Ray Bradbury, who has died aged 91, is probably best known for his 1953 novel Fahrenheit 451, about a future totalitarian American state in which the fire brigade is responsible for burning books.
The book burning has echoes of Nazi Germany, but also of 1950's America where the McCarthyite anti-communist witch-hunt saw libraries ban books such as Robin Hood for being "socialistic". The novel is also a critique of the consumer society then emerging in which advertising, TV and sport are used to distract the masses from thinking - plus ça change. The ending in which a nuclear war wipes out the totalitarian state and leaves behind a group of survivors with the last remaining books living in the wilderness but intending to return to the devastated cities and create civilisation anew clearly reflects the millenarianism produced by the Cold War world.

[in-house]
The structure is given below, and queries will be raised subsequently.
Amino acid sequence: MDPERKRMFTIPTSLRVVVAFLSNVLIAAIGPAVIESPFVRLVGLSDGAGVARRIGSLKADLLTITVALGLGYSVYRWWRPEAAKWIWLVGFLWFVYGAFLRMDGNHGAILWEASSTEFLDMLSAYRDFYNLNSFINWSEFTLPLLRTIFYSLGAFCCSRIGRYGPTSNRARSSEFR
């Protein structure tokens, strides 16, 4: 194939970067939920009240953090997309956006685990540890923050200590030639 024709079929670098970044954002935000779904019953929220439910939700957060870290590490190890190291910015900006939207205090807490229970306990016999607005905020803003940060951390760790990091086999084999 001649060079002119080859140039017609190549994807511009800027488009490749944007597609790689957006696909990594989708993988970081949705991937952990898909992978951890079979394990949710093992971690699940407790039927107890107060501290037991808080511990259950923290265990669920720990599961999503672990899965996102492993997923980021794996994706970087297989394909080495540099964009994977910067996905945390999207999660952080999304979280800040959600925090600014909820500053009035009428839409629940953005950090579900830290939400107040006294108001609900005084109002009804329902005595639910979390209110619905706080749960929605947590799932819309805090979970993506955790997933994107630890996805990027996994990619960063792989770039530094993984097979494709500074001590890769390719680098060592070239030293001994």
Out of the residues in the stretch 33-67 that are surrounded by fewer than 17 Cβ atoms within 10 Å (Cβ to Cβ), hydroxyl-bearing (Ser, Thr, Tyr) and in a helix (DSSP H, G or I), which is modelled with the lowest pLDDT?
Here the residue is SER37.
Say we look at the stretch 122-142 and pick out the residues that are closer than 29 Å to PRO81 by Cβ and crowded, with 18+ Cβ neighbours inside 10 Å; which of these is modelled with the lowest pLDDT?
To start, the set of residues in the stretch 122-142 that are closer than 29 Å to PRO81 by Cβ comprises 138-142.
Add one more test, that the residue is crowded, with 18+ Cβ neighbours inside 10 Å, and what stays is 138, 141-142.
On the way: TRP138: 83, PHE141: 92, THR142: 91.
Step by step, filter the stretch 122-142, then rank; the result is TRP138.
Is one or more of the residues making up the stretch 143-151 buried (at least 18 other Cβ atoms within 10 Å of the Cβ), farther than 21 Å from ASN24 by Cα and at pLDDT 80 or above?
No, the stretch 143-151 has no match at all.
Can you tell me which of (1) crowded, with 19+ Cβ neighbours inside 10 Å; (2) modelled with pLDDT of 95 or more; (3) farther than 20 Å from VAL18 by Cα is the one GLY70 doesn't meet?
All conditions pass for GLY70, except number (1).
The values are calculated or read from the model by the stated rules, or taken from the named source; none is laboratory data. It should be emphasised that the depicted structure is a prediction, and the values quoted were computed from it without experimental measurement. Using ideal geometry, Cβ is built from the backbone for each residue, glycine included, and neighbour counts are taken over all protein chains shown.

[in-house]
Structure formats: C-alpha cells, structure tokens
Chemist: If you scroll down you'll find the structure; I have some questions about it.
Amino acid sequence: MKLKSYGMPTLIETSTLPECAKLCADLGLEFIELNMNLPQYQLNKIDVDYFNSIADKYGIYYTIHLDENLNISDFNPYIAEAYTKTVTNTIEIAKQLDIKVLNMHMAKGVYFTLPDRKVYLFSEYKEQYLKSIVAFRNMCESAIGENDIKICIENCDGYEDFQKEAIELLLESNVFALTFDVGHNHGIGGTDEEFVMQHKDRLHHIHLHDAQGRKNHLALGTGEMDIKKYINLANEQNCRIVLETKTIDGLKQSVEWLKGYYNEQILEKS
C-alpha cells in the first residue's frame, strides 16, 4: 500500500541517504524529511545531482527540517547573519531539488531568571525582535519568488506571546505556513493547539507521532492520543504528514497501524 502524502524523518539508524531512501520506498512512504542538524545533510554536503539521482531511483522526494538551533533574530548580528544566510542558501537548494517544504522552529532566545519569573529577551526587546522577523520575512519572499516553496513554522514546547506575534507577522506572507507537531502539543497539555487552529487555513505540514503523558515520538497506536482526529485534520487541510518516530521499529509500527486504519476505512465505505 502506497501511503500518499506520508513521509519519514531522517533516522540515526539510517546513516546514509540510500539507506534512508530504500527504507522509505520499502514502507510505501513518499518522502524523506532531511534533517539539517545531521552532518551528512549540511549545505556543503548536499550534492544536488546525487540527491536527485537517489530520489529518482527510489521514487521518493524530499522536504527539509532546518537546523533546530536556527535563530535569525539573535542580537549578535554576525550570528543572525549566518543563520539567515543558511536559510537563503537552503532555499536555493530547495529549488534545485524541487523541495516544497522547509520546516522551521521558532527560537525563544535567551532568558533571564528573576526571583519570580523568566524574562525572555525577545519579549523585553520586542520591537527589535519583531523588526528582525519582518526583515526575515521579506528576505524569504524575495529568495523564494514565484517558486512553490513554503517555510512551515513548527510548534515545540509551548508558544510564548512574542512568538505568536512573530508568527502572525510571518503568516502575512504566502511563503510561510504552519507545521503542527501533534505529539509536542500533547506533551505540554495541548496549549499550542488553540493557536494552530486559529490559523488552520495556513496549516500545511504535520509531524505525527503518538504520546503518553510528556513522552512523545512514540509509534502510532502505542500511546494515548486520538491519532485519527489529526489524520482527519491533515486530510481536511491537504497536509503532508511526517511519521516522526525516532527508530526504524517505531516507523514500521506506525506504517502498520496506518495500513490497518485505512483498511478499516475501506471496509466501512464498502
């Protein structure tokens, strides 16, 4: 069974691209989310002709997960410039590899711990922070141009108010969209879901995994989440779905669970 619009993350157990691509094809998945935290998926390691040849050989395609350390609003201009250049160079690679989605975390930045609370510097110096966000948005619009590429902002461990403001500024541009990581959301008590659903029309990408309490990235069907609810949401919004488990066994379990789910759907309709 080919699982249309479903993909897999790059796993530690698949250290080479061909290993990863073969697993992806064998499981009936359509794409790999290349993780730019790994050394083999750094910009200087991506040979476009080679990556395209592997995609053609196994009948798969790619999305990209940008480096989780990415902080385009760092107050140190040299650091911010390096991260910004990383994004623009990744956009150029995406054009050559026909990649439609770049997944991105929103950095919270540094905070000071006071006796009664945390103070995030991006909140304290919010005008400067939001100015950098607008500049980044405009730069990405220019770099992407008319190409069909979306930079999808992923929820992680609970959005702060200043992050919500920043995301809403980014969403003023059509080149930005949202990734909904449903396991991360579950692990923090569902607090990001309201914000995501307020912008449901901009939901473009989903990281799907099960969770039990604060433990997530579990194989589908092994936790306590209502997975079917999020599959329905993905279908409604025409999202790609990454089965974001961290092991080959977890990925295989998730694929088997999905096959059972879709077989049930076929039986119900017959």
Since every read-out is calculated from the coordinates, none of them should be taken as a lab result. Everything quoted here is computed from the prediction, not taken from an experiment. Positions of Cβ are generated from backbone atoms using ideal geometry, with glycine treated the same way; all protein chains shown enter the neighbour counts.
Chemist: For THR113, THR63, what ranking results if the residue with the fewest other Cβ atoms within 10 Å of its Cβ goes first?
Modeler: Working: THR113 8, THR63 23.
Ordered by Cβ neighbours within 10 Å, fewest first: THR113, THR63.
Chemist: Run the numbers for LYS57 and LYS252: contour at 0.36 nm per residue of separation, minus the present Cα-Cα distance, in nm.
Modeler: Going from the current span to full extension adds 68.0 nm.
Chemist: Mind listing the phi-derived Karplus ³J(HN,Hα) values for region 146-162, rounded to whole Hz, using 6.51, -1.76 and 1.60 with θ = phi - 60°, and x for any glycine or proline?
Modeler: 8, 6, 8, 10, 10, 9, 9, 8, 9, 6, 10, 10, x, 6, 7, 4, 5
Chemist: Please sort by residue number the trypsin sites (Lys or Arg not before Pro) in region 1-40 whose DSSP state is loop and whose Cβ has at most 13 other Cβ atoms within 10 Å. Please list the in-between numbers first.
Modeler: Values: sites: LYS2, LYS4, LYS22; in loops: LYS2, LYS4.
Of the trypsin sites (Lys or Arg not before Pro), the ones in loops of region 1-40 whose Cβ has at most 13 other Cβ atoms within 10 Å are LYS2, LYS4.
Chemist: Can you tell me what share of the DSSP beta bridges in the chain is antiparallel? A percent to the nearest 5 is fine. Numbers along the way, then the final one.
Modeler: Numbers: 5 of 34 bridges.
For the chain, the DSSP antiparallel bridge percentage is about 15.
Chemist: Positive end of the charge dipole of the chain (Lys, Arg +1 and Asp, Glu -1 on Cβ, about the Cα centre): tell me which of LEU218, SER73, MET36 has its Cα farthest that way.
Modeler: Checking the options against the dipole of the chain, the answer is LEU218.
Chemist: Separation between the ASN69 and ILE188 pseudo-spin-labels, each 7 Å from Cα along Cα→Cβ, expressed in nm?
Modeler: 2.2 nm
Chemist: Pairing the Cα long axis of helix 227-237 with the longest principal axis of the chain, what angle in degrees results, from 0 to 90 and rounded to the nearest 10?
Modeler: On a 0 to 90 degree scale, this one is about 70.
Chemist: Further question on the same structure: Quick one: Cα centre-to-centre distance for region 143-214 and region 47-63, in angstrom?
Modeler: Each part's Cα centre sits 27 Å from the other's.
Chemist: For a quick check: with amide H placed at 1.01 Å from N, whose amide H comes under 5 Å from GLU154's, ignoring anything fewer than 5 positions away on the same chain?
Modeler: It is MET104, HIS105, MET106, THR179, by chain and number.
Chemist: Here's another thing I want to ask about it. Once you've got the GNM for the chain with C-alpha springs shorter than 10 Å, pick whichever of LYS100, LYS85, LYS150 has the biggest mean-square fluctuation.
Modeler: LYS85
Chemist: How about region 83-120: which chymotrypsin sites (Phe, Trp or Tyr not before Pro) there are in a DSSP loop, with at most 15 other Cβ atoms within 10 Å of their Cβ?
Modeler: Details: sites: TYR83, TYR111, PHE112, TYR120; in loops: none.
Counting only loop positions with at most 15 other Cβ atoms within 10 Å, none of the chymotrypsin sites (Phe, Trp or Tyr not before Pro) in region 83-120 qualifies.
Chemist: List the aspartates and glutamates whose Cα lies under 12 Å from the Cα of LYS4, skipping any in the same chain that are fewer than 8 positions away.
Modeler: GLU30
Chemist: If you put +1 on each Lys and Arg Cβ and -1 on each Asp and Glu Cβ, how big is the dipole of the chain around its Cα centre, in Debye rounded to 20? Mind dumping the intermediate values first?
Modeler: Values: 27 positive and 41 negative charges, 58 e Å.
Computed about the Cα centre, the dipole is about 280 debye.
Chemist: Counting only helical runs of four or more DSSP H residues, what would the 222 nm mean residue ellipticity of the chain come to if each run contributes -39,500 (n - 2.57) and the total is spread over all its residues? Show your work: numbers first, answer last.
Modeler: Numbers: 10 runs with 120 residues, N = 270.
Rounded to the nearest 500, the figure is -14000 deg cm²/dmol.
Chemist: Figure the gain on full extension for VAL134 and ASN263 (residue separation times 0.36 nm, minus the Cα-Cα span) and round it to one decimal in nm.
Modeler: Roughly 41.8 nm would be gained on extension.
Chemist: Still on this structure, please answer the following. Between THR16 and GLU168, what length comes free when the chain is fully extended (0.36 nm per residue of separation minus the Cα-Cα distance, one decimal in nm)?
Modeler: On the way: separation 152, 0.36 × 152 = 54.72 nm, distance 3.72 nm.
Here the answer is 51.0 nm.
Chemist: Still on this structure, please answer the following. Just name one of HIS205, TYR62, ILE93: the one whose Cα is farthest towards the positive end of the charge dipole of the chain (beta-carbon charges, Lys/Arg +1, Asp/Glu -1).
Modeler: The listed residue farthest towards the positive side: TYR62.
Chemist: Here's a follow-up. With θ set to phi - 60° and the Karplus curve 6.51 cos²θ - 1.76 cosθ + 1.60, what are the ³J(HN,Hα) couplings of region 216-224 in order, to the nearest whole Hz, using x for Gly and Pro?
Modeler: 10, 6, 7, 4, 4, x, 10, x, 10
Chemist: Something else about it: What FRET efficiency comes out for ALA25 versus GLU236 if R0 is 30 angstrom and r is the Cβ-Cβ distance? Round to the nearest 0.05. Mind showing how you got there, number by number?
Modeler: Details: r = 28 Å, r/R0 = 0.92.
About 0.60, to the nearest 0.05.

Bradbury was also fan of libraries - he typed Fahrenheit 451 in one. As he said in this 2009 interview with the New York Times:
"Libraries raised me. I don’t believe in colleges and universities. I believe in libraries because most students don’t have any money. When I graduated from high school, it was during the Depression and we had no money. I couldn’t go to college, so I went to the library three days a week for 10 years."